In 1992, Dr. Jolly received his Ph.D. from the CU AES Department. Upon graduation, he dabbled in academia, serving as a CU assistant research professor in AES for 4 years. Though Dr. Jolly “enjoyed the stimulation that comes from working with students and colleagues,” he decided to transition back into private industry on the side of spacecraft design.
Dr. Jolly’s experience as a student, and subsequently as a faculty member, at CU gave him the perspective necessary to straddle the realms of academia and industry. Jolly explains:
“Coming back to industry [after spending time at CU] gave me the best of both worlds. It allowed me to work on challenging projects with industry applications, while still staying connected to the academic community.”
Since joining Lockheed Martin in 1996, Dr. Jolly has led spacecraft design and development for numerous missions including, but not limited to, Mars 98, Mars Odyssey, the Mars Reconaissance Orbiter, the Mars Science Laboratory Aeroshell and entry, descent and landing of the Orion capsule.
Currently, Dr. Jolly is serving as the Chief Engineer for the GOES-R (Geostationary Operational Environmental Satellites) mission. Though historically attracted to interplanetary missions, Dr. Jolly found the GOES-R mission, which will provide continuous imagery and atmospheric measurements of Earth’s Western hemisphere, intriguing because “a weather satellite touches us all.”Jolly explains that GOES-R is revolutionary for its use of instruments that will allow “Earth’s atmosphere to be imaged more rapidly and with higher resolution” than ever before. Along with shedding light on terrestrial weather phenomena, such as tornadoes, GOES-R will look at the interplay of “space weather,” such as solar flares, with Earth’s magnetosphere.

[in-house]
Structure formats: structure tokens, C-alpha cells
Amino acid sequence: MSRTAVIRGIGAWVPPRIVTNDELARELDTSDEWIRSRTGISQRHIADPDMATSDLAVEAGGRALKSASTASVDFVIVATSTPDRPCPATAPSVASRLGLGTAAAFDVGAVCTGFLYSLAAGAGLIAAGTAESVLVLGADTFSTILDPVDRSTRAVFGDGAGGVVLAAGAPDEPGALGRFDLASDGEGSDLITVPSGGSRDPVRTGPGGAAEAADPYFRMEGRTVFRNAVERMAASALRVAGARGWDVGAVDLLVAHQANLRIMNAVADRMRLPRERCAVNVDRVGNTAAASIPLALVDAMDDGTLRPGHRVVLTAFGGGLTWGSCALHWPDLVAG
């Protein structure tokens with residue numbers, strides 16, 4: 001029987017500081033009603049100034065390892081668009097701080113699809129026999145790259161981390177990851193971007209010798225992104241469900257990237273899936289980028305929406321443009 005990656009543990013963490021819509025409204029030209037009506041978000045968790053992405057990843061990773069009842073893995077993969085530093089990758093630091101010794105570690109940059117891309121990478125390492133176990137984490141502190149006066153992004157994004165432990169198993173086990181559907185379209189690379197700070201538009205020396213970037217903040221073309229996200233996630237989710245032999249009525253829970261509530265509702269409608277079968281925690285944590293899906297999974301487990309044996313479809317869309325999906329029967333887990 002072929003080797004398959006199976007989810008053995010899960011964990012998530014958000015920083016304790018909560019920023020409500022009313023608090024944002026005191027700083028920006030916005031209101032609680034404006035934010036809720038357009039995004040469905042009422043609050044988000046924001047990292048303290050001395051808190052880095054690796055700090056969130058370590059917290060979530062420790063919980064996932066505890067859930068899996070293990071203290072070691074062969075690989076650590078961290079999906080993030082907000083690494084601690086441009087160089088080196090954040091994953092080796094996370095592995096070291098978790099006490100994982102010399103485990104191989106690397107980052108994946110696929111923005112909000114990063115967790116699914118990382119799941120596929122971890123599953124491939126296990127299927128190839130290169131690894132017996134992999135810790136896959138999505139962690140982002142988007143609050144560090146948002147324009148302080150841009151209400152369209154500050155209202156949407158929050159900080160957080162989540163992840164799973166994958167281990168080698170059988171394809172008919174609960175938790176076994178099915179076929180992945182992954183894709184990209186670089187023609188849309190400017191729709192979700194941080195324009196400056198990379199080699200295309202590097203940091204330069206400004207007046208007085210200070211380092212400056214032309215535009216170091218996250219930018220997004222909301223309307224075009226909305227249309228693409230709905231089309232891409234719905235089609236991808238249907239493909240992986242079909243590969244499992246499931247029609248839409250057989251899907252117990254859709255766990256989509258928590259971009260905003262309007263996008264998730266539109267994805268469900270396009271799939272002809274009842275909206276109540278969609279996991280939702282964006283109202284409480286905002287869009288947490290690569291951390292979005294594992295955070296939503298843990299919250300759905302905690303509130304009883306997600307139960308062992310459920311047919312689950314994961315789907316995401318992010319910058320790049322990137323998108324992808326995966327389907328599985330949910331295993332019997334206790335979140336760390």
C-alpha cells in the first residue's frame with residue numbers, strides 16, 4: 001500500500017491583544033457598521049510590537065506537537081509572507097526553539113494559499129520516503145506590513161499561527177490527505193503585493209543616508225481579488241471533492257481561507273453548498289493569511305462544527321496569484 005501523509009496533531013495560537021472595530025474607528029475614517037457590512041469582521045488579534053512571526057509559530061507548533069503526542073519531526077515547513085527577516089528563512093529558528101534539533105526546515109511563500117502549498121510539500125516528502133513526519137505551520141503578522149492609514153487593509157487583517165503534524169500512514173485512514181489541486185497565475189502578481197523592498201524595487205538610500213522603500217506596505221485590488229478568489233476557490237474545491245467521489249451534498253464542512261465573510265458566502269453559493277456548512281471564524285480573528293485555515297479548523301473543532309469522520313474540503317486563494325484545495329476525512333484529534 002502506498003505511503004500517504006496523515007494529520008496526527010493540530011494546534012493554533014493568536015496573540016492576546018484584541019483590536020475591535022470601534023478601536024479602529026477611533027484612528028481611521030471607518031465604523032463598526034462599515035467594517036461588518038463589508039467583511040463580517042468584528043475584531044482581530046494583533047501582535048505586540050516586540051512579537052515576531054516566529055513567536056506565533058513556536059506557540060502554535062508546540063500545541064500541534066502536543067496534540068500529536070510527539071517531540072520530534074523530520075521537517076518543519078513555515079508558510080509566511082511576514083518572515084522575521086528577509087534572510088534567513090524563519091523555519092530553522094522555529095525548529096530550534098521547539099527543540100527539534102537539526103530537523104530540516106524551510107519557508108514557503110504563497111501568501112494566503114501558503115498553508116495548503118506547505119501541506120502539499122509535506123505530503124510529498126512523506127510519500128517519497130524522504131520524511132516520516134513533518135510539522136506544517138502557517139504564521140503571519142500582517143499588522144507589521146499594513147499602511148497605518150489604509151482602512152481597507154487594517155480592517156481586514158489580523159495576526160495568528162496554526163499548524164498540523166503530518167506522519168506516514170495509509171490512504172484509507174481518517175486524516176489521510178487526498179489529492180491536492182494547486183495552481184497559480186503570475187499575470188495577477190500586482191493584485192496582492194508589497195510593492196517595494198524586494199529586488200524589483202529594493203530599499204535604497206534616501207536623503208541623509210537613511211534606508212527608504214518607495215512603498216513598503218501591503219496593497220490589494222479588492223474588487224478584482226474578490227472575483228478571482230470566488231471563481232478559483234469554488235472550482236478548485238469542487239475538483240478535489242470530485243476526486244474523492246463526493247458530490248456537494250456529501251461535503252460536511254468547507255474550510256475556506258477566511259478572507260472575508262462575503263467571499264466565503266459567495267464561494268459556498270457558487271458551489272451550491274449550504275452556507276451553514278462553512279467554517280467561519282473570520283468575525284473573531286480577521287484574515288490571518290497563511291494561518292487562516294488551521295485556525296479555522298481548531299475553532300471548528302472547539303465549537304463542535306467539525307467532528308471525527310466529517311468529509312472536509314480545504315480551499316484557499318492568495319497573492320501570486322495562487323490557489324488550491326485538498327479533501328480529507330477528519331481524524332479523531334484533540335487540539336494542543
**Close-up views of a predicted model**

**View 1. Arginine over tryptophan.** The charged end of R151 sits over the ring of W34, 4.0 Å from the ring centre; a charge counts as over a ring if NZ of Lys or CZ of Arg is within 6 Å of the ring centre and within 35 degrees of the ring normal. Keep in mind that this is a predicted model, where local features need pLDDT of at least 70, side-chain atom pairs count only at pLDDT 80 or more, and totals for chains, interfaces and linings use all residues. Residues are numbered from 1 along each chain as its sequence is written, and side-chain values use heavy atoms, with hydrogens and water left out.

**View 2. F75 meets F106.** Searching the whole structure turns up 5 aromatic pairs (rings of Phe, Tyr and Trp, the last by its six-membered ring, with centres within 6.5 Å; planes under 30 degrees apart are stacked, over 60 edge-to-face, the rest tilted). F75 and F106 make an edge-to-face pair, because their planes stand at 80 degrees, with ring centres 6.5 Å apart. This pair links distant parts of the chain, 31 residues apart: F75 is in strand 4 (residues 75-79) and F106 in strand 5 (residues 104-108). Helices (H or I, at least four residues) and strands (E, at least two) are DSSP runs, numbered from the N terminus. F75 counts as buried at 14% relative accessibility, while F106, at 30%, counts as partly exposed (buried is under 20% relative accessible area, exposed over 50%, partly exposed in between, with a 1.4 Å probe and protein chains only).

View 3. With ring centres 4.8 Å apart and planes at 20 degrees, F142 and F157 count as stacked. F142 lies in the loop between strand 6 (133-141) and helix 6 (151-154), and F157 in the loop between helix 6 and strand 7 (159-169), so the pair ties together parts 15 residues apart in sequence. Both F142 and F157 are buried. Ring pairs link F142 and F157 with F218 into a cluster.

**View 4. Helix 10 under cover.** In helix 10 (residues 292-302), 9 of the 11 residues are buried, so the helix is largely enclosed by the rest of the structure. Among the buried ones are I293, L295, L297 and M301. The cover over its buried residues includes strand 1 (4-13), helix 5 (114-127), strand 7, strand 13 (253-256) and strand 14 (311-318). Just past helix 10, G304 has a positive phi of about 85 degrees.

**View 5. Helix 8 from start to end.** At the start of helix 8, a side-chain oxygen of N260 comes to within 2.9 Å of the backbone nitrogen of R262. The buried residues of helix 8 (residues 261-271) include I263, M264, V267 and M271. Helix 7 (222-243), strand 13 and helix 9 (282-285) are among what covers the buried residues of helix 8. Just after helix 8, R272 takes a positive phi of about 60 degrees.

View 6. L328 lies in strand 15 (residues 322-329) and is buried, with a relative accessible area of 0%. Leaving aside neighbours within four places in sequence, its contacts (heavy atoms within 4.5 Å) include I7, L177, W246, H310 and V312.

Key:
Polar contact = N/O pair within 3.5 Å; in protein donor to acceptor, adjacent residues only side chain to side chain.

Jolly considers GOES-R an ideal example of the value Lockheed Martin derives from being located in the Colorado aerospace community:
“Boulder is a mecca that attracts lots of space and atmospheric scientists. GOES-R requires extensive collaboration between Lockheed Martin and [Boulder-based] NOAA. Co-location makes [this collaboration] more efficient.”
Similarly, Lockheed Martin frequently works with the Boulder-based Laboratory for Atmospheric and Space Physics (LASP) on various interplanetary projects. Jolly explains:
“Recently, Lockheed Martin worked with NASA’s Goddard Space Flight Center and LASP to win the MAVEN Mas mission. The close proximity of LASP and Lockheed Martin made it possible to pull off [this partnership] with great synergy.”
“Lockheed Martin employs about 56,000 engineers and technicians, 35% of which could retire in the next few years. We must keep up a ‘talent pipeline’ to fill this pending gap: currently, our major source of talent is CU-Boulder. This pipeline is dependent on the quality of education and its intersection with industry. Thus, it’s in our best interest to support [the educational experience of] the CU-Boulder community.”
In addition to internships, Lockheed Martin directly engages and supports the CU aerospace community in a variety of ways:
“We are repeat sponsors of CU’s Senior Design Projects, [offering professional and technical mentorship to aerospace students]. We work with the BOLD Center and student groups, including Colorado Space Grant and SWE. Students are invited to come use our special facilities to look at automated rendezvous and docking. Really, stuff is naturally going on between us all the time.”
Coupled with his knowledge of its professional benefits, Dr. Jolly is compelled to stay involved with CU for personal reasons:
“I have a great love for CU. I have a lot of children that are growing up in the state, one of which is currently at CU-Denver. I am an alum that is very interested in CU staying at the top of its game.”
-Written By: Ari Sandberg, Intern